You don’t have to feel that you have an obligation to contribute all creative products, although hackers who do this can gain the greatest respect from other hackers. Selling software in exchange for food, rent and computers does not violate hacker values. It is not important to use your hacker skills to support your family or even make a fortune. As long as you do this, don’t forget your loyalty to your ideals and your hacker friends.

3.Boredom and boredom are harmful.

Hackers (and creative people) should never feel bored or do boring and stupid repetitive work. If this happens, it means they have not done what only they can do-solve new problems. This kind of waste will hurt everyone, boredom and boredom are not only bad, but also harmful.

To be a hacker, you must believe this very much and hope to automate as many boring things as possible, not only for yourself but also for others (especially other hackers).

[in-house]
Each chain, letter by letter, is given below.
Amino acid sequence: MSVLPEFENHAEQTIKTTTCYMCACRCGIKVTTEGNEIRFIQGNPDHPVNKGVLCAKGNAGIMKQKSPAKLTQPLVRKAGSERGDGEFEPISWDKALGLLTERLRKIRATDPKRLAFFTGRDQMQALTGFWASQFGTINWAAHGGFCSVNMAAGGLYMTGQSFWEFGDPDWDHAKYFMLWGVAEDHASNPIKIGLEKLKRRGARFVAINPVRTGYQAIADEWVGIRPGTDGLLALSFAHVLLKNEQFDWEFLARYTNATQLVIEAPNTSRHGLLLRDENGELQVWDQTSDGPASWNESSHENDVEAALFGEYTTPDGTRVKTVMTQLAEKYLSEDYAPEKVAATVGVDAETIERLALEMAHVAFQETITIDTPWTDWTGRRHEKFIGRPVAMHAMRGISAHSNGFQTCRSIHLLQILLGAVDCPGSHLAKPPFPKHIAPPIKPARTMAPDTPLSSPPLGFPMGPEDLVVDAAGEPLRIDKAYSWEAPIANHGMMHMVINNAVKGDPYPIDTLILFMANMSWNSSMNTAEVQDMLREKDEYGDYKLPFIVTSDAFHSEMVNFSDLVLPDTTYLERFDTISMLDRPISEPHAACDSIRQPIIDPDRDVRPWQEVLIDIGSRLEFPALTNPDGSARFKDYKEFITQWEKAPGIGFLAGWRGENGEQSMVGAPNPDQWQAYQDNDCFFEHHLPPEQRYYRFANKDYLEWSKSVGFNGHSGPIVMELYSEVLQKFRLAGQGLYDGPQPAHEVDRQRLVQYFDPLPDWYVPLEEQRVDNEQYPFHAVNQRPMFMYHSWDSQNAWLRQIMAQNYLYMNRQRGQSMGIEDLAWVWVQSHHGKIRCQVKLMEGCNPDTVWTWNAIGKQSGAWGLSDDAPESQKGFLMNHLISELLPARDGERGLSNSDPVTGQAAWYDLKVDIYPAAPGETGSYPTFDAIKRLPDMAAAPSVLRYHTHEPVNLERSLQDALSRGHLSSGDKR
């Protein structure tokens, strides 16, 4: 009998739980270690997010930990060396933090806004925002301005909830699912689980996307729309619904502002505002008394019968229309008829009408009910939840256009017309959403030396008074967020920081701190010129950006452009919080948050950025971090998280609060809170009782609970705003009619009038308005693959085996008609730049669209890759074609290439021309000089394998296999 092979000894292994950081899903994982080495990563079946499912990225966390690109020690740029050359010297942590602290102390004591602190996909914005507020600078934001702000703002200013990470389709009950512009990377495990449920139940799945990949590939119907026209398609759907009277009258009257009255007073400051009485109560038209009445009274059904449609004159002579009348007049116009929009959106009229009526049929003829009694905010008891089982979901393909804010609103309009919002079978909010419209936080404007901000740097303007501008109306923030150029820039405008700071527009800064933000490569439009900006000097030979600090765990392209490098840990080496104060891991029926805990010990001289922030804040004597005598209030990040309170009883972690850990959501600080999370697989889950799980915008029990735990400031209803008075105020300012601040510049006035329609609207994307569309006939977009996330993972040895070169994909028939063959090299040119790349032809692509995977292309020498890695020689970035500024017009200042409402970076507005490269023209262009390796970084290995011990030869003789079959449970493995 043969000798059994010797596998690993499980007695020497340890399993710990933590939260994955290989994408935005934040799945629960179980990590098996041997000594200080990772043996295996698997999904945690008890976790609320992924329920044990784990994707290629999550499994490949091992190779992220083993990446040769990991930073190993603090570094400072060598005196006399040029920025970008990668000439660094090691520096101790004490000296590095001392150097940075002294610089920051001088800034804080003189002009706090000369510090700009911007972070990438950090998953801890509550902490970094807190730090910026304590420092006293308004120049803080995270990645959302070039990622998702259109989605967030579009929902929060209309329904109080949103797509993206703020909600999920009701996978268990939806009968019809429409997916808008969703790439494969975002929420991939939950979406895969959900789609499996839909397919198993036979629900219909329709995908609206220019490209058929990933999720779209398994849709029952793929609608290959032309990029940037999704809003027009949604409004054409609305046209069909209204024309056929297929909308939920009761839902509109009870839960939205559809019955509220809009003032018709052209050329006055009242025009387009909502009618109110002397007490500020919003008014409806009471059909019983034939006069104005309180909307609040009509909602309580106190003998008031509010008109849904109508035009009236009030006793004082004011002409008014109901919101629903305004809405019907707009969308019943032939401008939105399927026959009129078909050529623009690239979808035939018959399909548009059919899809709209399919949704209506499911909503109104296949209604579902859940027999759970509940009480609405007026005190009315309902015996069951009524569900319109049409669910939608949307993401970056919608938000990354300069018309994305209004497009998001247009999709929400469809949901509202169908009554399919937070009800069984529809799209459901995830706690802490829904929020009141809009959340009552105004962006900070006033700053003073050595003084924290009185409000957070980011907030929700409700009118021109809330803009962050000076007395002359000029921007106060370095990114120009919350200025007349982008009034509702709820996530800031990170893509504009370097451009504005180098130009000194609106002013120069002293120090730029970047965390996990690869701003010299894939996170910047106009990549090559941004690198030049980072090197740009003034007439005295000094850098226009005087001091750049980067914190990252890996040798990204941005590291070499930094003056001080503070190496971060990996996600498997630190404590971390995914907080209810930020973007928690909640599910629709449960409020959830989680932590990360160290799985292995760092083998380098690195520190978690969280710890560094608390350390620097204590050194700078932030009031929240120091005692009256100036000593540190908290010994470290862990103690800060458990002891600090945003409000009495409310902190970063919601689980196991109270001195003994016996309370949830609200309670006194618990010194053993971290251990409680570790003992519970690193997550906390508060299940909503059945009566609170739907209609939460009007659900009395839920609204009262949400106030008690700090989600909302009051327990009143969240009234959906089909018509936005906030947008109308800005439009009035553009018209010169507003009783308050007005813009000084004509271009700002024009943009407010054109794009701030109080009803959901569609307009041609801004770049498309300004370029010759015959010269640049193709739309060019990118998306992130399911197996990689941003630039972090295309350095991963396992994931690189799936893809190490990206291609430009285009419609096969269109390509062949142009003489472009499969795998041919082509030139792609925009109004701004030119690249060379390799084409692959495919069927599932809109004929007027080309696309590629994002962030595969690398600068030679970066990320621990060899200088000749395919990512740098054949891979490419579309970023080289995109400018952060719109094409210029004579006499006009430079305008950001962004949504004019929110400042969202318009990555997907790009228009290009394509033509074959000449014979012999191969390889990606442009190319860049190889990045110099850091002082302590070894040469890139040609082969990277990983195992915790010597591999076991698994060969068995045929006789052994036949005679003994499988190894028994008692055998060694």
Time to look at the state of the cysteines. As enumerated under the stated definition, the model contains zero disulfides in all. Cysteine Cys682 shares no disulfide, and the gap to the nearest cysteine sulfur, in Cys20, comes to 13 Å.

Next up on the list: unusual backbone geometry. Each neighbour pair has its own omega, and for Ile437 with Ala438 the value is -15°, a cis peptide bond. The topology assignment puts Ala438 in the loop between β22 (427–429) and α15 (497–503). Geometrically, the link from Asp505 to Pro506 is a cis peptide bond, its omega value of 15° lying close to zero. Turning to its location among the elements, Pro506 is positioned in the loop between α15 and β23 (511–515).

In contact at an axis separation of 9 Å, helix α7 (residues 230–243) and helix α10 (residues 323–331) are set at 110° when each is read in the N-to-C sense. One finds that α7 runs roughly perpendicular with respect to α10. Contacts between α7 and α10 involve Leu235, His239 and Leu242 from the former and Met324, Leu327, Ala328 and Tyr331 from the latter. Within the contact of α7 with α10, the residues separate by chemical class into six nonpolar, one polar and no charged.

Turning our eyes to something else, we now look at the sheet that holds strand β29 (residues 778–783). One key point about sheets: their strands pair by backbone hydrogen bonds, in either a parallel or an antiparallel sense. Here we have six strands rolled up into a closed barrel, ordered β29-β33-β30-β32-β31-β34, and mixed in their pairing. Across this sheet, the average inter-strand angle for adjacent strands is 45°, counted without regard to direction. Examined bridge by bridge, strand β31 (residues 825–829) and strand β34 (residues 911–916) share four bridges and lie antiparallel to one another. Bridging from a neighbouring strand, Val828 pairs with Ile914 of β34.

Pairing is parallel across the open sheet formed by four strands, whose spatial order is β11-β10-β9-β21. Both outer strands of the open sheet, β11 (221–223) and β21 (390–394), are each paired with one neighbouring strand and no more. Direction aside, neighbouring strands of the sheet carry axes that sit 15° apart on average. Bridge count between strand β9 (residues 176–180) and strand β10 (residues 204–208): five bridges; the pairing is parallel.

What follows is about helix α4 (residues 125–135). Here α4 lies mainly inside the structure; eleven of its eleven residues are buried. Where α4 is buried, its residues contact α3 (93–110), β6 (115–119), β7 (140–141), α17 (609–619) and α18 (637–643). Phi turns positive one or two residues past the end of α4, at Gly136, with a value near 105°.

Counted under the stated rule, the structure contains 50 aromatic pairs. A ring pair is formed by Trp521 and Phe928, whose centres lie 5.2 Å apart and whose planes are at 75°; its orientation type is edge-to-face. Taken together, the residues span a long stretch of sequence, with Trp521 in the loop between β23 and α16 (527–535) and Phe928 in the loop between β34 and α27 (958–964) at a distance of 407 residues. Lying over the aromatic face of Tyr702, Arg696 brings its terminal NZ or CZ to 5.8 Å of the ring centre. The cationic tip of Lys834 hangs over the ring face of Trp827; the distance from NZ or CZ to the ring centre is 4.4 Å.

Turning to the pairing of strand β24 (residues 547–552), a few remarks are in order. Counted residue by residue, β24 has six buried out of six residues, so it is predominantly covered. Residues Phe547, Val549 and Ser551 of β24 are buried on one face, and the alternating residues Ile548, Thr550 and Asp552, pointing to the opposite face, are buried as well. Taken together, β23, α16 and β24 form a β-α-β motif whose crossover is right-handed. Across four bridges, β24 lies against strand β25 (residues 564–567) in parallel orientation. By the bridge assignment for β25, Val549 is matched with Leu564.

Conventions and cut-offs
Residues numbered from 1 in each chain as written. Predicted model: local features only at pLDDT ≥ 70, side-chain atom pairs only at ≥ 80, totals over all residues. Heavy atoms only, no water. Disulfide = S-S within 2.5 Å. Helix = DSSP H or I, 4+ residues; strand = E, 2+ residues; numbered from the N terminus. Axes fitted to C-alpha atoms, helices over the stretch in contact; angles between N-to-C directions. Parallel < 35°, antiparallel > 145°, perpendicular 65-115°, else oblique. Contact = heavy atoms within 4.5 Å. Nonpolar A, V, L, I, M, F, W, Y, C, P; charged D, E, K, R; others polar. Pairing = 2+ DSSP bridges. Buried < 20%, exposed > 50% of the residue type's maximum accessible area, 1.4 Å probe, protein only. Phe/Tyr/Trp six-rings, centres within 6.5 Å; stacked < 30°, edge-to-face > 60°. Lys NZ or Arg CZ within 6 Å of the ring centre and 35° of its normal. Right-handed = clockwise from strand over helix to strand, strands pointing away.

There is an obvious exception to this: hackers sometimes do things that outsiders seem to repeat or uninteresting, but in fact they do so only to clear their brains, or to acquire certain skills, or to acquire some experience that cannot be acquired under other circumstances. Note that this is voluntary-no one with ideas should be forced to do things that they feel boring.

4.Freedom is a good thing.

Hackers are inherently anti-authoritative. If someone can order you, he can prevent you from doing what you especially want to do-and if you explore the thinking of authoritative people, you will find that their reasons are often horribly stupid. Therefore, no matter where authoritarianism appears, you must fight against it to prevent them from oppressing you and other hackers.

This is not to say that we have to fight against all power. Children need adult guidance and criminals need mandatory detention. Hackers should accept some kind of power. Although it takes them some time to obey orders, they get more things they want. This is a kind of controlled and rational negotiation, and is by no means the kind of personal compliance that the authorities want.